Thursday, September 20, 2012
The Difference Between a CF-18 and the F-35
If Canada had been operating the F-35 since 1988, we'd probably be hard pressed to find any still flying. Over the past 24-years, the twin-engine CF-18 has racked up plenty of bird strikes. In fact the amazing fighter, selected by the Trudeau government, has, during that period, had 67-instances where its engines ingested birds.
A bird in the burner is always serious business. But a bird in the engine of a single-engine airplane such as the F-35 is a far different thing than a bird in one engine of a twin-engine fighter like the CF-18. Let's do the math. Two minus one equals one. One minus one equals game over. One fighter has a chance of getting its pilot safely home. The other - not so much.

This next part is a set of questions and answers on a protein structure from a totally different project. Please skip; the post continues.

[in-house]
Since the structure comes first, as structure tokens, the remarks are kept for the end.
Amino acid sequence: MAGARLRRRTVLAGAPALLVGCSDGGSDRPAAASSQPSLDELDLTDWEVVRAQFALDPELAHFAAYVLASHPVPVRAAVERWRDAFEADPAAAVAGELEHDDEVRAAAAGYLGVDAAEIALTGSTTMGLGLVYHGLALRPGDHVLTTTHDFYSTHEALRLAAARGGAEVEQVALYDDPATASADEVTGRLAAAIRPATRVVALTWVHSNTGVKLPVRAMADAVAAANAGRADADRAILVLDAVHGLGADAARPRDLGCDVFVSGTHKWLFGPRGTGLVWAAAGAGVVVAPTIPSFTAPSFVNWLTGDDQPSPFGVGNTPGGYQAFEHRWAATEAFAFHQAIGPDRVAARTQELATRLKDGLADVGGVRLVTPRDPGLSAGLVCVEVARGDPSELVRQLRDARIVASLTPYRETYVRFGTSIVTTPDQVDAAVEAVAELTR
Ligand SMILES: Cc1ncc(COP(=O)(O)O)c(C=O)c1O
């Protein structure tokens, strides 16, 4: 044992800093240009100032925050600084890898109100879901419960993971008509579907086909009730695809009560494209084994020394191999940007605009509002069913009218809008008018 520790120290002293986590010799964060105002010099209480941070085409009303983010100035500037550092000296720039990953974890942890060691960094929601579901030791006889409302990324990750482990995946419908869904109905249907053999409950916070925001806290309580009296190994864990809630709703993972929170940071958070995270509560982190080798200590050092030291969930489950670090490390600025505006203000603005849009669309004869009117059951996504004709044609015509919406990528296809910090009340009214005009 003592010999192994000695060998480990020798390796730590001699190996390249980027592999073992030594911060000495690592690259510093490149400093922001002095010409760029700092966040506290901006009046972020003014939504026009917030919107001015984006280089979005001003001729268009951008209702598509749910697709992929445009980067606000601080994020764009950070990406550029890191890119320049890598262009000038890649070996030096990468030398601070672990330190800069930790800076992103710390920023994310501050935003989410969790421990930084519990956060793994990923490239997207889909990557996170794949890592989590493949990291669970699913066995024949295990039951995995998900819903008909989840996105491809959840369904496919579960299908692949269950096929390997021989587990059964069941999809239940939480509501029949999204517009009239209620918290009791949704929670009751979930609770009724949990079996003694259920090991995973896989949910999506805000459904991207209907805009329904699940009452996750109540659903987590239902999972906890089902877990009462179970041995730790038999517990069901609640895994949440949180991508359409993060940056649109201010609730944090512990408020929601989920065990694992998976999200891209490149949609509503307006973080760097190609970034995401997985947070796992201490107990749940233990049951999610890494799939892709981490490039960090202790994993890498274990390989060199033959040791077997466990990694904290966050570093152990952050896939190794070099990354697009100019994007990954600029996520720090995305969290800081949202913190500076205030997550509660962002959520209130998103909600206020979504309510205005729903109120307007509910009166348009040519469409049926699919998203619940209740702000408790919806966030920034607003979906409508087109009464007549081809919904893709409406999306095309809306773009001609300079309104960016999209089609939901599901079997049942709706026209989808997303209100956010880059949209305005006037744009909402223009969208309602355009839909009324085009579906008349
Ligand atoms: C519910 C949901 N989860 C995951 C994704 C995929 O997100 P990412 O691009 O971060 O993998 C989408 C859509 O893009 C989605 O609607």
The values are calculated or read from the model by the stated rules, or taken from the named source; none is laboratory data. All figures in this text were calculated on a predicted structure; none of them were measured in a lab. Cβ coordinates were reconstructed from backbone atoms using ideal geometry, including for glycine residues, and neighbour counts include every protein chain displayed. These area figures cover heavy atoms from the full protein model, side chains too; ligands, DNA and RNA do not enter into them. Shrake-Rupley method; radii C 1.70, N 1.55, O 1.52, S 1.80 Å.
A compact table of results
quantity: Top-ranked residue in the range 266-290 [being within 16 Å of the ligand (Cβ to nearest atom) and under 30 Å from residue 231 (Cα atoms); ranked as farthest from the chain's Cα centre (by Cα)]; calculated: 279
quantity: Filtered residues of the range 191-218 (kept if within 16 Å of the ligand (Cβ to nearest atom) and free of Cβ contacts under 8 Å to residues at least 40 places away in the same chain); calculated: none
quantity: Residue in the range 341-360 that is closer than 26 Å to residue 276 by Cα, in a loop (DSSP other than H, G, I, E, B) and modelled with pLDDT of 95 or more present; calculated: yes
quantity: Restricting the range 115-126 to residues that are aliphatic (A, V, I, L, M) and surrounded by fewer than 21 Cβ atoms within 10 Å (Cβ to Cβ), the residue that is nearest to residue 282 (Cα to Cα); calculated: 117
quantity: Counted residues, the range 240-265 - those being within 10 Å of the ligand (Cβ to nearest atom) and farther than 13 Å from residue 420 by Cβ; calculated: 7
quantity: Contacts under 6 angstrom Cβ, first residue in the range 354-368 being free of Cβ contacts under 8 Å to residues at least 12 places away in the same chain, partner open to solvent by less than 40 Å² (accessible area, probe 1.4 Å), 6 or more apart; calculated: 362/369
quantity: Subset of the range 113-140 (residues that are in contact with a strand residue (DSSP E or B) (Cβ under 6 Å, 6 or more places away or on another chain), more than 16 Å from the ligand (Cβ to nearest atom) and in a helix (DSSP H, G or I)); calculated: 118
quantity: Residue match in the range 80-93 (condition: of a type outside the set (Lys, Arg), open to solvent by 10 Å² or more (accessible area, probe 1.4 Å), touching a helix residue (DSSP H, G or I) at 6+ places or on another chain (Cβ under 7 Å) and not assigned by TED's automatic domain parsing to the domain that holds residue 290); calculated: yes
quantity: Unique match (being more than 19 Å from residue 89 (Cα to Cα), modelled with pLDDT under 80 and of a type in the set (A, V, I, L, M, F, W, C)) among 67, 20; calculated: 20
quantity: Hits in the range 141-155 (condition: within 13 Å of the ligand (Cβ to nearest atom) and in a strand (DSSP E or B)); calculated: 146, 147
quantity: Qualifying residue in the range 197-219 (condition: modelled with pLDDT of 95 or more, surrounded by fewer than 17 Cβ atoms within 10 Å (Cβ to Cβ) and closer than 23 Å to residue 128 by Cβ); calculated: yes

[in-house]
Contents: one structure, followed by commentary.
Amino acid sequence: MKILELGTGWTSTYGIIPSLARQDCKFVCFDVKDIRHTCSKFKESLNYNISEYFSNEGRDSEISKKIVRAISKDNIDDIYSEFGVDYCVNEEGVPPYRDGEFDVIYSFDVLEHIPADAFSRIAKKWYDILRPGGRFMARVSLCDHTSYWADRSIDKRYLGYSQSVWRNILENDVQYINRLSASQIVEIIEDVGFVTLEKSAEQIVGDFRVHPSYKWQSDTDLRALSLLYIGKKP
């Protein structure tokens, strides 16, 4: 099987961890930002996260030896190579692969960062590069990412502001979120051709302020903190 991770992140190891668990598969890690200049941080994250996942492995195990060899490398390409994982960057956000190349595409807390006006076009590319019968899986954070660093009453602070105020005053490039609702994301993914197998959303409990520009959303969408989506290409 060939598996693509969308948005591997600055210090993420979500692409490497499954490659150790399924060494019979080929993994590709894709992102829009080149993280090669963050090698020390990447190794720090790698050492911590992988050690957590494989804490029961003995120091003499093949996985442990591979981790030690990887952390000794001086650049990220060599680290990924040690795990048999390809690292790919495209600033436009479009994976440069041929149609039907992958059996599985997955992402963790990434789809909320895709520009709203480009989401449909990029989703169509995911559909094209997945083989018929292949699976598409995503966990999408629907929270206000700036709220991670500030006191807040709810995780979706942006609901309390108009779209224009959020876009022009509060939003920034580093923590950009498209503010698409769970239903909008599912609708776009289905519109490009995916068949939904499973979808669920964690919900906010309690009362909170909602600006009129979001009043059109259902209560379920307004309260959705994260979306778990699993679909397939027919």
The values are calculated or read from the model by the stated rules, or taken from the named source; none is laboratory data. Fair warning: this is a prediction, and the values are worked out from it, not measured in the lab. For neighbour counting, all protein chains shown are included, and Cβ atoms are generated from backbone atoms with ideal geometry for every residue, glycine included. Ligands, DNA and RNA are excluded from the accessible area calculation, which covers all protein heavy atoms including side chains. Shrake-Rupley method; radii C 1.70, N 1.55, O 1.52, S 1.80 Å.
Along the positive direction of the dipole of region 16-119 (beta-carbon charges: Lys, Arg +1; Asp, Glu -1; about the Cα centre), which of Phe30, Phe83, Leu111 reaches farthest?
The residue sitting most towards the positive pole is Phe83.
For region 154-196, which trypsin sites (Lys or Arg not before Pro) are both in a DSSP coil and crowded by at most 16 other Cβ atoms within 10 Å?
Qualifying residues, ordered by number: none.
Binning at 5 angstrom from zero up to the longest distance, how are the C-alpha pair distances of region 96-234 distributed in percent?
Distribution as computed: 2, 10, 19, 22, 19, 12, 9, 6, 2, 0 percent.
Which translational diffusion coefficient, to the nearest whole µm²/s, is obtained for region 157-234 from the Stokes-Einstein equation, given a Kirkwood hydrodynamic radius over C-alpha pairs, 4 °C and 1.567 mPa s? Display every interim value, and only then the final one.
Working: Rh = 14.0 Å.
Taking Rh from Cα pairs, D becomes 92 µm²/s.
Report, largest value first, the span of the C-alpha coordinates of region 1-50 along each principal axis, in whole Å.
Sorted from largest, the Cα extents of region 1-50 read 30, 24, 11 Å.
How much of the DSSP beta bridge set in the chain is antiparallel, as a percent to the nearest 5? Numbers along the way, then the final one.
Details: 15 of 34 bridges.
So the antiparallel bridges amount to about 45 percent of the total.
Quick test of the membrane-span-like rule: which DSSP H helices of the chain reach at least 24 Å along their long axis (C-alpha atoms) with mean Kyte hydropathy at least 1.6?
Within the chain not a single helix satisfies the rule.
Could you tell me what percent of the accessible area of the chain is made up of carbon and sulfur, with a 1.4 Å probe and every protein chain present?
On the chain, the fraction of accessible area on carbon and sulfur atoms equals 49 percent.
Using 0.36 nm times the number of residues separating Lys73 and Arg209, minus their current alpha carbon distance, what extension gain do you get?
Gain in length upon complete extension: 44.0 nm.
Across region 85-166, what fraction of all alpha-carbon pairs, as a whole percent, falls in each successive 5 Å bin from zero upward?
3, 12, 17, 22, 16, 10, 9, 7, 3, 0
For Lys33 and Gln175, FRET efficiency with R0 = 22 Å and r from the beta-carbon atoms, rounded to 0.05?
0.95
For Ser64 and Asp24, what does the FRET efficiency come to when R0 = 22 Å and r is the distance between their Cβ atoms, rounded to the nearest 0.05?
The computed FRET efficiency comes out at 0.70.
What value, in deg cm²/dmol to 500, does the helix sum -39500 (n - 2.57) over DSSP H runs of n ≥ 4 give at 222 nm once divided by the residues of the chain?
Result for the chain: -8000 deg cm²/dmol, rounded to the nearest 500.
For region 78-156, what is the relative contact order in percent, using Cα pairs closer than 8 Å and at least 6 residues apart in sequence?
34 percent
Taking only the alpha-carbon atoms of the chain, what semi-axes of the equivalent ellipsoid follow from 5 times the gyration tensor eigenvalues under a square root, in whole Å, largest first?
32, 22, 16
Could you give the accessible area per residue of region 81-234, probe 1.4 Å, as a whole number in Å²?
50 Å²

And, since we can expect these bird strikes to continue, and the government and its military shills are talking of the F-35 as meeting Canada's needs for thirty years or more, and as we're buying just 60 of the overpriced, overdue and under-performing aerial White Elephants, logic and math suggest we can expect to be making do with a rapidly dwindling force once they actually become operational.
But, of course, when attrition sets in and we begin writing off the 35 in big numbers, we'll either be going back to Lockheed to buy ever more or maybe, just maybe, we'll come to our senses and cast about for a replacement suited to Canada's needs and purposes. Maybe.